Most parents in Dubai have backed the move to end distance learning at private schools from Sunday, but some concerns remain about in-person classes during the pandemic.
Nearly 75 per cent of pupils resumed on-site learning this term - up from 52 per cent at the end of the previous academic year - private schools regulator, the Knowledge and Human Development Authority (KHDA), said.
That figure will rise further on Sunday when all pupils – barring those with exemptions – have been asked to return to classrooms.
High vaccination rates among pupils and school staff - figures released last month showed 96 per cent of Dubai's private school teachers had been vaccinated and 70 per cent of children aged 12 to 17 had received coronavirus shots - have been crucial to bolstering public confidence.
Maddy Apostol, 36, said she had been worried about sending her nine-year-old daughter to school and had ensured she had received both doses of the Sinopharm vaccine.
"I'm not that worried anymore. I'm relieved that she is vaccinated and I have seen how the school is implementing safety protocols," said Ms Apostol.
Babukutty Varghese, an Indian parent in Dubai, is sending his eight-year-old son back to in-person lessons at Gulf Model School for the first time in 18 months.
“He went to school in kindergarten and would now resume in-person classes after one-and-a-half-years,” said Mr Varghese.
“Earlier the number of Covid-19 cases were high but now things are coming back to normal so we wanted to send him back to school.”
The father said sanitisation drives and safety protocols at the school have helped the family feel confident about sending their child back to the classroom.
Ebtissam Wahdan, an Egyptian mother working in Dubai, said her son had returned to in-person lessons in September.
Her son, a third-grader in Dubai, had been back at school for the majority of the past year.
“We fully embraced it. I am a single mom so for me having my son at school is ideal. He is socialising and getting education," said Ms Wahdan.
Sharrah Khilawala, a 34-year-old public relations consultant in Sharjah and mother of two, said her five-year-old daughter, a grade one pupil at Cambridge International School Dubai, had returned to school in September.
“I was ecstatic. I was really looking forward to her going back to school,” said Ms Khilawala.
“Her being in the midst of pupils was very important at this age.
“Most of the parents are excited to send children back to school.
“I have seen a drastic difference since she has returned. My daughter was eagerly waiting to go back to school. She is busier now and has a routine and a proper time table that she follows.”
Mother will stick to home-schooling
Shantelle Norman, a South African housewife and former teacher in Dubai, said she had been home-schooling her five-year-old son Cole for the past 18 months and would continue to do so.
She praised the efforts of schools to make a safe learning environment but feels comfortable teaching her child from home for now.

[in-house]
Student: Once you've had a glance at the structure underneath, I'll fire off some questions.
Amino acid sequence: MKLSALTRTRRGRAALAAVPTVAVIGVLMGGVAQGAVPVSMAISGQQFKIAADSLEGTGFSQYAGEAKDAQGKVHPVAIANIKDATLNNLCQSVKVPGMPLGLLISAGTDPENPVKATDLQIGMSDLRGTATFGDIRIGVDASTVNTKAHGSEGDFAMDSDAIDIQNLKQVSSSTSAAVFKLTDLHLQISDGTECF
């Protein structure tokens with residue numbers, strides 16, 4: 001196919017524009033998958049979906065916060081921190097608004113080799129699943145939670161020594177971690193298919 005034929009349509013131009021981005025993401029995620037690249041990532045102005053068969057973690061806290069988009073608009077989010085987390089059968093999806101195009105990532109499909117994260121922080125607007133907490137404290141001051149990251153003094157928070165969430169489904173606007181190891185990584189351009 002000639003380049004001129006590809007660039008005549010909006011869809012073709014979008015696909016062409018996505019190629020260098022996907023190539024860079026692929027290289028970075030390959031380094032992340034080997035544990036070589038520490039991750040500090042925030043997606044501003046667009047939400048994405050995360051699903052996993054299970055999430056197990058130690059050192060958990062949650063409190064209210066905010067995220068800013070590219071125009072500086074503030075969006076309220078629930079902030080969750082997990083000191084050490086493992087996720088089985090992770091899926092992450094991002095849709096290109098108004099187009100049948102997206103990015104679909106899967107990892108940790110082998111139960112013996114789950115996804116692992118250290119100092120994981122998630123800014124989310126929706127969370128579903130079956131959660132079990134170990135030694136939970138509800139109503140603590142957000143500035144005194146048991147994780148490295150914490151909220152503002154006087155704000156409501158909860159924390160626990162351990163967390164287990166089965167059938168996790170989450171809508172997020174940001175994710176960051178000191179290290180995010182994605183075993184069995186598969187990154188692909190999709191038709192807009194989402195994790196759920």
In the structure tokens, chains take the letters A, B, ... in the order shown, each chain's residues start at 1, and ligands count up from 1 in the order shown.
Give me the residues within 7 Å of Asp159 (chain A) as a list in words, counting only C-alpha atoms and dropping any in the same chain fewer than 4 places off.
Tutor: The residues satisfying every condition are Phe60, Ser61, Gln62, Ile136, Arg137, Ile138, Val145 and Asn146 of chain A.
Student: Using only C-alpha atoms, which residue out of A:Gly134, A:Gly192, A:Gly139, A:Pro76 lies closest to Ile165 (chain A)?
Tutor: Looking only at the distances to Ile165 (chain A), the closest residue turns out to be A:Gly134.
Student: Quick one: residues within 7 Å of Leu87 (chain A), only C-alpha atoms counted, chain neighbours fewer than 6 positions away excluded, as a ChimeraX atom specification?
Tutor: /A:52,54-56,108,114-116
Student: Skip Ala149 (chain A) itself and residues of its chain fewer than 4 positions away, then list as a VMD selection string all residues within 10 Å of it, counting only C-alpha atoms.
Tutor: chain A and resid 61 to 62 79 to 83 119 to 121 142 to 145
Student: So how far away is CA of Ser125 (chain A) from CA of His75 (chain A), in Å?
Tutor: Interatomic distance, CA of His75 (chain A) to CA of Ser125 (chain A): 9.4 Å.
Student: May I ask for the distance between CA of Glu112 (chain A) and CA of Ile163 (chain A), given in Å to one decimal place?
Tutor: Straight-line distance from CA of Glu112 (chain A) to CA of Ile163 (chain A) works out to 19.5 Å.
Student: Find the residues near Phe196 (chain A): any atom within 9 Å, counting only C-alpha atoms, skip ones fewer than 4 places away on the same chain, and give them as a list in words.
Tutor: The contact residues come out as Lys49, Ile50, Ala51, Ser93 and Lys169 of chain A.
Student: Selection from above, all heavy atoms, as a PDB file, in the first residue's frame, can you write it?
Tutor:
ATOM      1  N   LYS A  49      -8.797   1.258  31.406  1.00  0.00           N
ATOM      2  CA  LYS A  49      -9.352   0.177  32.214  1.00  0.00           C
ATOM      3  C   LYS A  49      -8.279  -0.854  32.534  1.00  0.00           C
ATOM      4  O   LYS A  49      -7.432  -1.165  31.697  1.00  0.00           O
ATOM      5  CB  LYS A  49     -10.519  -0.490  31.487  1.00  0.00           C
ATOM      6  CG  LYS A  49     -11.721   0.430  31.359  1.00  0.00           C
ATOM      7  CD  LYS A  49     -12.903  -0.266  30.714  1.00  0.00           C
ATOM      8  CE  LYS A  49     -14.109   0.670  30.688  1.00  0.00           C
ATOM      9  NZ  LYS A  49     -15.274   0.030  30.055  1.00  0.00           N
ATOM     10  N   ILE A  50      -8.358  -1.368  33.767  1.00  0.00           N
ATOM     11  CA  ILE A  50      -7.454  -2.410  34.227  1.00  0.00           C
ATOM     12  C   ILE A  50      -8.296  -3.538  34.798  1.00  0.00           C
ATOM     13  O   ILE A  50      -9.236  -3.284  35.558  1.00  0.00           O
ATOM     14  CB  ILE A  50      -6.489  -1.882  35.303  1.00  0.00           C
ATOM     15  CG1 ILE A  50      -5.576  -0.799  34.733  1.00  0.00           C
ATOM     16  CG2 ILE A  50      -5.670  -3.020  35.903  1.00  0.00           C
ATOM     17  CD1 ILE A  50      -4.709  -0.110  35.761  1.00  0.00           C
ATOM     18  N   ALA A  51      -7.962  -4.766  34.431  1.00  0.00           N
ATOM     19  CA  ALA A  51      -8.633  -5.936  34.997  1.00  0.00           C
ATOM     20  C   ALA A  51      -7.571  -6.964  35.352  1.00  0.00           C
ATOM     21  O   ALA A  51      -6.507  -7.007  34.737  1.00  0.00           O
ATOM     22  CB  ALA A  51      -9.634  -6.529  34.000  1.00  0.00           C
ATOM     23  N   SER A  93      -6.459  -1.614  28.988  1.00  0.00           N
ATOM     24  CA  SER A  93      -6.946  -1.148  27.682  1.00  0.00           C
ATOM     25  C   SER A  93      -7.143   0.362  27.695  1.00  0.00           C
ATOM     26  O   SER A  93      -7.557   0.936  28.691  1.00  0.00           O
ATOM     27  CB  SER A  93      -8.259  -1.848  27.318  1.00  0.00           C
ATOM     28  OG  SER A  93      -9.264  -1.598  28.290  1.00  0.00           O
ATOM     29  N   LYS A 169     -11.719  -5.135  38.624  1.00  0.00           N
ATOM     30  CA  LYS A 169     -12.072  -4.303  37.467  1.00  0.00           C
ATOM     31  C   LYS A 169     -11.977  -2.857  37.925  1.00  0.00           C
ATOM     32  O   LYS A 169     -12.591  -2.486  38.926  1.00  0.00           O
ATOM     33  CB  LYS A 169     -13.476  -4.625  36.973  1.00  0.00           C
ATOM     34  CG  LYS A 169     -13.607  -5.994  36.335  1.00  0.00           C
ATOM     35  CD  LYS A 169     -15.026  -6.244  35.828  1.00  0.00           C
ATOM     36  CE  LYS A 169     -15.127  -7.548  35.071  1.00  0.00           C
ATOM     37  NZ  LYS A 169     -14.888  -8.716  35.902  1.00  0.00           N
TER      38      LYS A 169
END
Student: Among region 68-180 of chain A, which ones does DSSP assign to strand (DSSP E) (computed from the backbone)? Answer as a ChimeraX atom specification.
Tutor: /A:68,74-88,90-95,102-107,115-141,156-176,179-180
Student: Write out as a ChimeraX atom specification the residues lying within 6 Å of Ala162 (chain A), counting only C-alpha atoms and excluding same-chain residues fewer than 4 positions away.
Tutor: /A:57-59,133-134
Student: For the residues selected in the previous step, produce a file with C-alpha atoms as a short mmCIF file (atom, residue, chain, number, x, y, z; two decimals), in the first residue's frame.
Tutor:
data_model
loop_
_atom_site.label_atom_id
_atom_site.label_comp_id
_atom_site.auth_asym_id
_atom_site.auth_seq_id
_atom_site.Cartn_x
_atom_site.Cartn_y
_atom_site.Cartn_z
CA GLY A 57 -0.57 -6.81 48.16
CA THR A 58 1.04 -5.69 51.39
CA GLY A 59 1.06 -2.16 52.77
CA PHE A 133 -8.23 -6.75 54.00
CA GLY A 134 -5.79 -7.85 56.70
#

“I will not be sending my son back to school until I am completely comfortable that he will be safe from the current pandemic and a sense of normality is restored," said Ms Norman.
“I am sure that all parents, teachers, and educational staff do their utmost to comply with current protocols and I applaud them all, however, I am not yet willing to expose my son unnecessarily when I am capable of educating him myself.
“I feel there is too much conflicting information and uncertainty at this point and choose to reduce the risk of exposure to my family.”
Schools work to address concerns
At The Indian High Group of Schools, 10,000 of the 13,000 pupils enrolled will return to school for the first time in 18 months on October 3.
At Gulf Model School, only 1,000 of its 2,700 pupils had resumed in-person classes.
Heads of schools also said some parents were reluctant to send pupils back for in-person studies on Sunday.
“There are still parents who are unwilling to send their children. We have told them it will not be back to online learning. We expect that they may move schools," said Shiny Davison, academic director at Gulf Model School in Dubai.
Punit MK Vasu, chief executive of the The Indian High Group of Schools, previously told The National some parents were reluctant to send their children for in-person lessons.
He said the school has organised interactive sessions and formed a designated group that worked with families to build trust.
Since the beginning of September, KHDA has made 711 visits to schools, with an average of three visits per school, to review their compliance with health and safety measures.
Redesigning classrooms and staggering entry and exit times for pupils are among the changes schools are making before all pupils return.
Some parents, however, are still worried about the coronavirus.
Keep up to date on safety measures
Sheren Abbas, a Canadian stay-at-home-mother and head of the parent association at Arcadia School, advised parents to stay informed regarding Covid-19 protocols at schools.
Ma Abbas’ 10-year-old twins are year six pupils at Arcadia School and have been studying in-person since September 2020.
She said non-stop communication from her children's school and knowledge of their action plan helps her feel confident about sending her twins to school.
“The majority of parents want face-to-face learning," said Ms Abbas.
“From what I have seen, no matter how great online learning is, the social aspect is the number one issue for many parents."